Though now more than three decades old, the stadium (and its signature roof) still serve as an active sports venue and tourist attraction. The FC Bayern Munchen professional soccer club uses Munich Olympic Stadium as its home, and the Munich Olympiapark hosts a variety of events under the glass tent.
The roof itself, however, offers its own unique draw—a view of the Munich skyline. Just bring 25 euros and a pair of jogging shoes on a fair-weather day when the Olympic Stadium is vacant, and you can take an organized climbing tour of the glass tent roof.
Think of it as urban mountain climbing. But while you're up there, you can also get a glimpse of the real thing. Zugspitze, Germany's highest mountain, is visible from the roof, as are the foothills of the Bavarian Alps that surround Munich.
Yet, while Munich Olympic Stadium is an unabashed success—and has persevered as such for more than 30 years—it seems that the legacy of Montreal, not Munich, is destined to repeat itself. The city of Beijing will host the 2008 Summer Olympic Games, and the Chinese government has commissioned an unorthodox and striking design for the centerpiece Beijing Olympic Stadium.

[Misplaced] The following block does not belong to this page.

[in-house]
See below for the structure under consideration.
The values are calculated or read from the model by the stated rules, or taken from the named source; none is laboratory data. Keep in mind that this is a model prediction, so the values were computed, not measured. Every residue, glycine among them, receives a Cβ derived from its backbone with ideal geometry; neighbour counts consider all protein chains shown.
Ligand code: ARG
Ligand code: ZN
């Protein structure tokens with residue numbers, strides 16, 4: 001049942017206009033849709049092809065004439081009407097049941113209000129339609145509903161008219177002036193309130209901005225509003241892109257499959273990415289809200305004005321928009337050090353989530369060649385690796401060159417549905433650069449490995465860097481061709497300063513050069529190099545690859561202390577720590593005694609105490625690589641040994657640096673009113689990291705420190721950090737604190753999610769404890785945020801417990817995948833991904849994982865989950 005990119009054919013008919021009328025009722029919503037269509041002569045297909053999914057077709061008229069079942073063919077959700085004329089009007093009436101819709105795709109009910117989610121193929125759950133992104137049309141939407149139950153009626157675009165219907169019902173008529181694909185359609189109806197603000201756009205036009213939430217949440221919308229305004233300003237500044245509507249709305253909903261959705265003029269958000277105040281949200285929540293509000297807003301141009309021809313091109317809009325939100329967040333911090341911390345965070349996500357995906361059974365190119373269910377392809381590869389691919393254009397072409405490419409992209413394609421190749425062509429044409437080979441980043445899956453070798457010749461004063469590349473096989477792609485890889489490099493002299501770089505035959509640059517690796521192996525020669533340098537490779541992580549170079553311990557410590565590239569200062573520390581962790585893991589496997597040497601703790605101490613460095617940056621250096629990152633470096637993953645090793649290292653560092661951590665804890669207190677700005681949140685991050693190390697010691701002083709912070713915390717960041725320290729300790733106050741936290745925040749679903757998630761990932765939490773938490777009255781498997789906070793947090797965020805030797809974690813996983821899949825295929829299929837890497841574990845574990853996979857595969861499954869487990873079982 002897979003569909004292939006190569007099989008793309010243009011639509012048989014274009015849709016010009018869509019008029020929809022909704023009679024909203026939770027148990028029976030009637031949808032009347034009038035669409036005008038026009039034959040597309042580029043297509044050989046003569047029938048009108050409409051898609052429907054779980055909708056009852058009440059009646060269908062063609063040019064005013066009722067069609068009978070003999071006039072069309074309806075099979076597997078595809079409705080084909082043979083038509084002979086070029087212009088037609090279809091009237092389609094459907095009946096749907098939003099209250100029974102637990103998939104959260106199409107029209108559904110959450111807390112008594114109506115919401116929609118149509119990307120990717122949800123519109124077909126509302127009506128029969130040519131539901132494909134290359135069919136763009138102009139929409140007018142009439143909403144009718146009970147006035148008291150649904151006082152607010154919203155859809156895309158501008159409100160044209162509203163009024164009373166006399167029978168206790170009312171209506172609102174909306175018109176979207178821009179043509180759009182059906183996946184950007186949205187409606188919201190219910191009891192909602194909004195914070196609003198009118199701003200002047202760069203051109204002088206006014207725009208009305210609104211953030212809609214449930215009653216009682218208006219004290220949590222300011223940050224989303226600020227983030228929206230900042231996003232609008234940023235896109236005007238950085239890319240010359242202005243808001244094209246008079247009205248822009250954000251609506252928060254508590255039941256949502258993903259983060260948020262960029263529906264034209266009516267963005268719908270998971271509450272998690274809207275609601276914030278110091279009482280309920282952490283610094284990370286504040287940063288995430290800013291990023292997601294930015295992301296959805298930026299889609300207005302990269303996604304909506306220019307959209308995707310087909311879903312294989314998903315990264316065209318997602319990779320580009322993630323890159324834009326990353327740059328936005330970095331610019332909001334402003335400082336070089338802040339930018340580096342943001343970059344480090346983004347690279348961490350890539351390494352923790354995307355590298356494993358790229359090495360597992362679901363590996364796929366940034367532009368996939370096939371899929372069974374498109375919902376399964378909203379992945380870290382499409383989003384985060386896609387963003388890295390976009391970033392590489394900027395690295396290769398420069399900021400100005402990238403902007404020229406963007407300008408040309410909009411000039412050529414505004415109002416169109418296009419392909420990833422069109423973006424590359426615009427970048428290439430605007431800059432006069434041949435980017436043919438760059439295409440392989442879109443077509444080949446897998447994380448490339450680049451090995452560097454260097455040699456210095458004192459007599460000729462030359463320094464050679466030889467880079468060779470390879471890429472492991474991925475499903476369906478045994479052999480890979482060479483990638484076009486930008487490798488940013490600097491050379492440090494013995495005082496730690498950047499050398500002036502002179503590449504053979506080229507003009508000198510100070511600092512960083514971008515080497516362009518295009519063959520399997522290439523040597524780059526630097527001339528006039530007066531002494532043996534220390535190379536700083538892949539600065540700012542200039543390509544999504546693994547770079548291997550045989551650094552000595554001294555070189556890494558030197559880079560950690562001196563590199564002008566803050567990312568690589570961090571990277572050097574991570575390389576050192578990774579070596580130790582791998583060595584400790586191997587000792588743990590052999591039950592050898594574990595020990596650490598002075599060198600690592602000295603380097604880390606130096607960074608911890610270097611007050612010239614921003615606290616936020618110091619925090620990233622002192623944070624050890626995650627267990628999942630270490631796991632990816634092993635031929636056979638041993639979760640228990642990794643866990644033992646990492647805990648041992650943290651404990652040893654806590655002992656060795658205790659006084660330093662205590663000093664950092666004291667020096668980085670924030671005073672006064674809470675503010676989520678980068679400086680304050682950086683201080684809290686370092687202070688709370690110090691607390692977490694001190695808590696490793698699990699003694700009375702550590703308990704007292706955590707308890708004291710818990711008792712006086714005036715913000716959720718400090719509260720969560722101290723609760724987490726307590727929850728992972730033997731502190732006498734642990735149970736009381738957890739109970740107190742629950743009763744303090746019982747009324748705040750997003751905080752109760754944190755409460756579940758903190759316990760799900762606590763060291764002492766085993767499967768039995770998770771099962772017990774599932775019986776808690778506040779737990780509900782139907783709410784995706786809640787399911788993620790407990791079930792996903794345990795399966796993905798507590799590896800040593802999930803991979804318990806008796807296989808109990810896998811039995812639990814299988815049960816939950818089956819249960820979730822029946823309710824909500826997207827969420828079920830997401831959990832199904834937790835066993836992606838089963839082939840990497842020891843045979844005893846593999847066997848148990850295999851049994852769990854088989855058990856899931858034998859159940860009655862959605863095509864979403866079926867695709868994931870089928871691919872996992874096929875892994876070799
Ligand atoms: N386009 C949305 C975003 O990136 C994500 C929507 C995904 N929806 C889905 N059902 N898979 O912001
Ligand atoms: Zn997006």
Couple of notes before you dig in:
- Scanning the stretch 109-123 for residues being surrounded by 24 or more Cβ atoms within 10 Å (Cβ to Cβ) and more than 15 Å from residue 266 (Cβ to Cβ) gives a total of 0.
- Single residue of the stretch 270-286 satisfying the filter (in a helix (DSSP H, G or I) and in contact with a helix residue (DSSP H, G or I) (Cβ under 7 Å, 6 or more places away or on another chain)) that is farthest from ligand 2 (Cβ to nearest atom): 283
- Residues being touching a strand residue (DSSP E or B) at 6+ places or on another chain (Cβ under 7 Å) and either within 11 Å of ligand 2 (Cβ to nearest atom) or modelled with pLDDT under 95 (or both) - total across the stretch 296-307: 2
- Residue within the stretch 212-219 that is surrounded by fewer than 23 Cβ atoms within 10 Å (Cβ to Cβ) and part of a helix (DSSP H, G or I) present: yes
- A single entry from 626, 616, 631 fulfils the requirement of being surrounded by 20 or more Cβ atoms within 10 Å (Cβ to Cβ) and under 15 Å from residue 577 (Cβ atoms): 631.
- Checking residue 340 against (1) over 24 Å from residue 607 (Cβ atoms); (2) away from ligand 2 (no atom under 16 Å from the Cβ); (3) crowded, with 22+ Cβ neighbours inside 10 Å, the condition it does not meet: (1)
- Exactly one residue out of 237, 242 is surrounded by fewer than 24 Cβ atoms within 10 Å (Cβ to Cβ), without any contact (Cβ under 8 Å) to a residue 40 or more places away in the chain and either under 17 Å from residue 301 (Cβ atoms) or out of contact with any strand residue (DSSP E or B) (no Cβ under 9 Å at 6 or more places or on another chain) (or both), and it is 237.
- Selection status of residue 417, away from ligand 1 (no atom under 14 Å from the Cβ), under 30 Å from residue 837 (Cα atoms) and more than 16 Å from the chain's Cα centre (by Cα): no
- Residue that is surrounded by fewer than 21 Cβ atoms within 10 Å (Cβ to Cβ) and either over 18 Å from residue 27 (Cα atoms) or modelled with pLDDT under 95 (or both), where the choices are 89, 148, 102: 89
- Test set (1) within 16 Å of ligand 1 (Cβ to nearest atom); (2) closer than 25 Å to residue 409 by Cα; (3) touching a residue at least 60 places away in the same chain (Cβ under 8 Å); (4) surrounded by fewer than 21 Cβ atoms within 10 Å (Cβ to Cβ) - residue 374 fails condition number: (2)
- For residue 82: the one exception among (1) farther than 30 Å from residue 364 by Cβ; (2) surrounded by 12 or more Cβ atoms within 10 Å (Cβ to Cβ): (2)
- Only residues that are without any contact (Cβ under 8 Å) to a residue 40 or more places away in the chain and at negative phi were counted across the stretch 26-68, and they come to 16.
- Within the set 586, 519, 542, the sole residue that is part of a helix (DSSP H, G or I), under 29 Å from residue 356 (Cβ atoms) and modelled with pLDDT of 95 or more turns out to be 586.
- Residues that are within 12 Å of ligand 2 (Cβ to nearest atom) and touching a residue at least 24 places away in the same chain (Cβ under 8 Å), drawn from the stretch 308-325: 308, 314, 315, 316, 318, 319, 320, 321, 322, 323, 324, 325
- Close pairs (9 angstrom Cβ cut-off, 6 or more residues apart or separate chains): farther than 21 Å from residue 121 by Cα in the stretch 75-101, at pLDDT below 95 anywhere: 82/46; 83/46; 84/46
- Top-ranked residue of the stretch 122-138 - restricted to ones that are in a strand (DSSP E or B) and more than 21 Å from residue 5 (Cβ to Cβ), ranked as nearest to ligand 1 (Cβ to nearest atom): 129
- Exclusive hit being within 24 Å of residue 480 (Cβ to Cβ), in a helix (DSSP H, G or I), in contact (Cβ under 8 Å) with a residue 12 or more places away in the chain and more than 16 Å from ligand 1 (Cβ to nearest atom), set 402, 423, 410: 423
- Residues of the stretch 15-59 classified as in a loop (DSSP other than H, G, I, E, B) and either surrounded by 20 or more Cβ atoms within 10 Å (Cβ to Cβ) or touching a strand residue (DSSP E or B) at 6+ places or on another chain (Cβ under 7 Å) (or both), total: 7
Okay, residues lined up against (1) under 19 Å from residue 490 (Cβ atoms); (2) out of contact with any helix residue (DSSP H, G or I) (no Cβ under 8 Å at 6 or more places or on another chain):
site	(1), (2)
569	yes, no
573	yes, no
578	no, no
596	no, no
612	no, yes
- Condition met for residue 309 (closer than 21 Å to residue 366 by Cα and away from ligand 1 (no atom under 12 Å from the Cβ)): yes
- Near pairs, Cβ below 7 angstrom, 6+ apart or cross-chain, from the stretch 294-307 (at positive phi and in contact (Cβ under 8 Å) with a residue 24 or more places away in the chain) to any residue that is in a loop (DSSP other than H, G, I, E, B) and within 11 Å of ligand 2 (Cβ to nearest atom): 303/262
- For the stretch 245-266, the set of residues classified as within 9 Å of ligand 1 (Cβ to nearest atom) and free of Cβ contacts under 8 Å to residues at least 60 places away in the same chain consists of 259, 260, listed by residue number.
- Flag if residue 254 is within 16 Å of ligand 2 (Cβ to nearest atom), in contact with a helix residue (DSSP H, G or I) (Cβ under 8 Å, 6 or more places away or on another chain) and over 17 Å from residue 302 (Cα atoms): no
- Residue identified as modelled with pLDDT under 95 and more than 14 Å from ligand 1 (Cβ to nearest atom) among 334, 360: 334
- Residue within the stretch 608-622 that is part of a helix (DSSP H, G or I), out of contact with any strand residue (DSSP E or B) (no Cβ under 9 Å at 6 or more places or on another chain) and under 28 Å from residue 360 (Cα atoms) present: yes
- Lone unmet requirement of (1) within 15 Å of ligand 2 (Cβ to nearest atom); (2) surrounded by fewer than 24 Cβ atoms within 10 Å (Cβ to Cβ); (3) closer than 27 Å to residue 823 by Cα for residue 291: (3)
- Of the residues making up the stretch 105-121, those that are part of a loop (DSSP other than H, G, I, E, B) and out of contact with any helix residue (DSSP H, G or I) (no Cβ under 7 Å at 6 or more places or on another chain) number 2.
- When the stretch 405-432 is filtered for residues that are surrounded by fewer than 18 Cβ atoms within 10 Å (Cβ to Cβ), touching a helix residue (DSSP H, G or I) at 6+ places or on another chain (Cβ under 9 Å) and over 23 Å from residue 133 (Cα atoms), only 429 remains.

Dubbed the "Bird Cage" for its unusual exterior of crisscrossing architectural ribbons, work on the 100,000-seat venue recently came to a standstill so the government could revise the stadium design to lower costs. Such is the fate of many an ambitious Olympic project, and such is the stuff of great Geek Trivia.
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The Quibble of the Week
If you uncover a questionable fact or debatable aspect of this week's Geek Trivia, just post it in the discussion area of the article. Every week, yours truly will choose the best post from the assembled masses and discuss it in the next edition of Geek Trivia.
This week's quibble comes from the Aug. 4 edition of Geek Trivia, "Before spam was spam," which discussed the origination of the spam appellation. TechRepublic member Neilporter suggested another possible, non-Monty Python etymology for junk e-mail.
"Where I come from, Australia, and I'm also sure in the rest of the world, there's a very common saying: 'when the s**t hits the fan.' This refers to the fact that unwanted nasty material that hits the fan will then be widely splattered all over the place, and no one misses out. Polite people have then changed the word [to] a nicer one, notably 'spam.'"
While I'm sure spam connoisseurs might quibble with your quibble, reader, I think we can all agree that when the spam hits the fan, nobody's happy.
The Trivia Geek, also known as Jay Garmon, is a former advertising copywriter and Web developer who's duped TechRepublic into underwriting his affinity for movies, sci-fi, comic books, technology, and all things geekish or subcultural.
Jay Garmon has a vast and terrifying knowledge of all things obscure, obtuse, and irrelevant. One day, he hopes to write science fiction, but for now he'll settle for something stranger — amusing and abusing IT pros. Read his full profile. You can also follow him on his personal blog.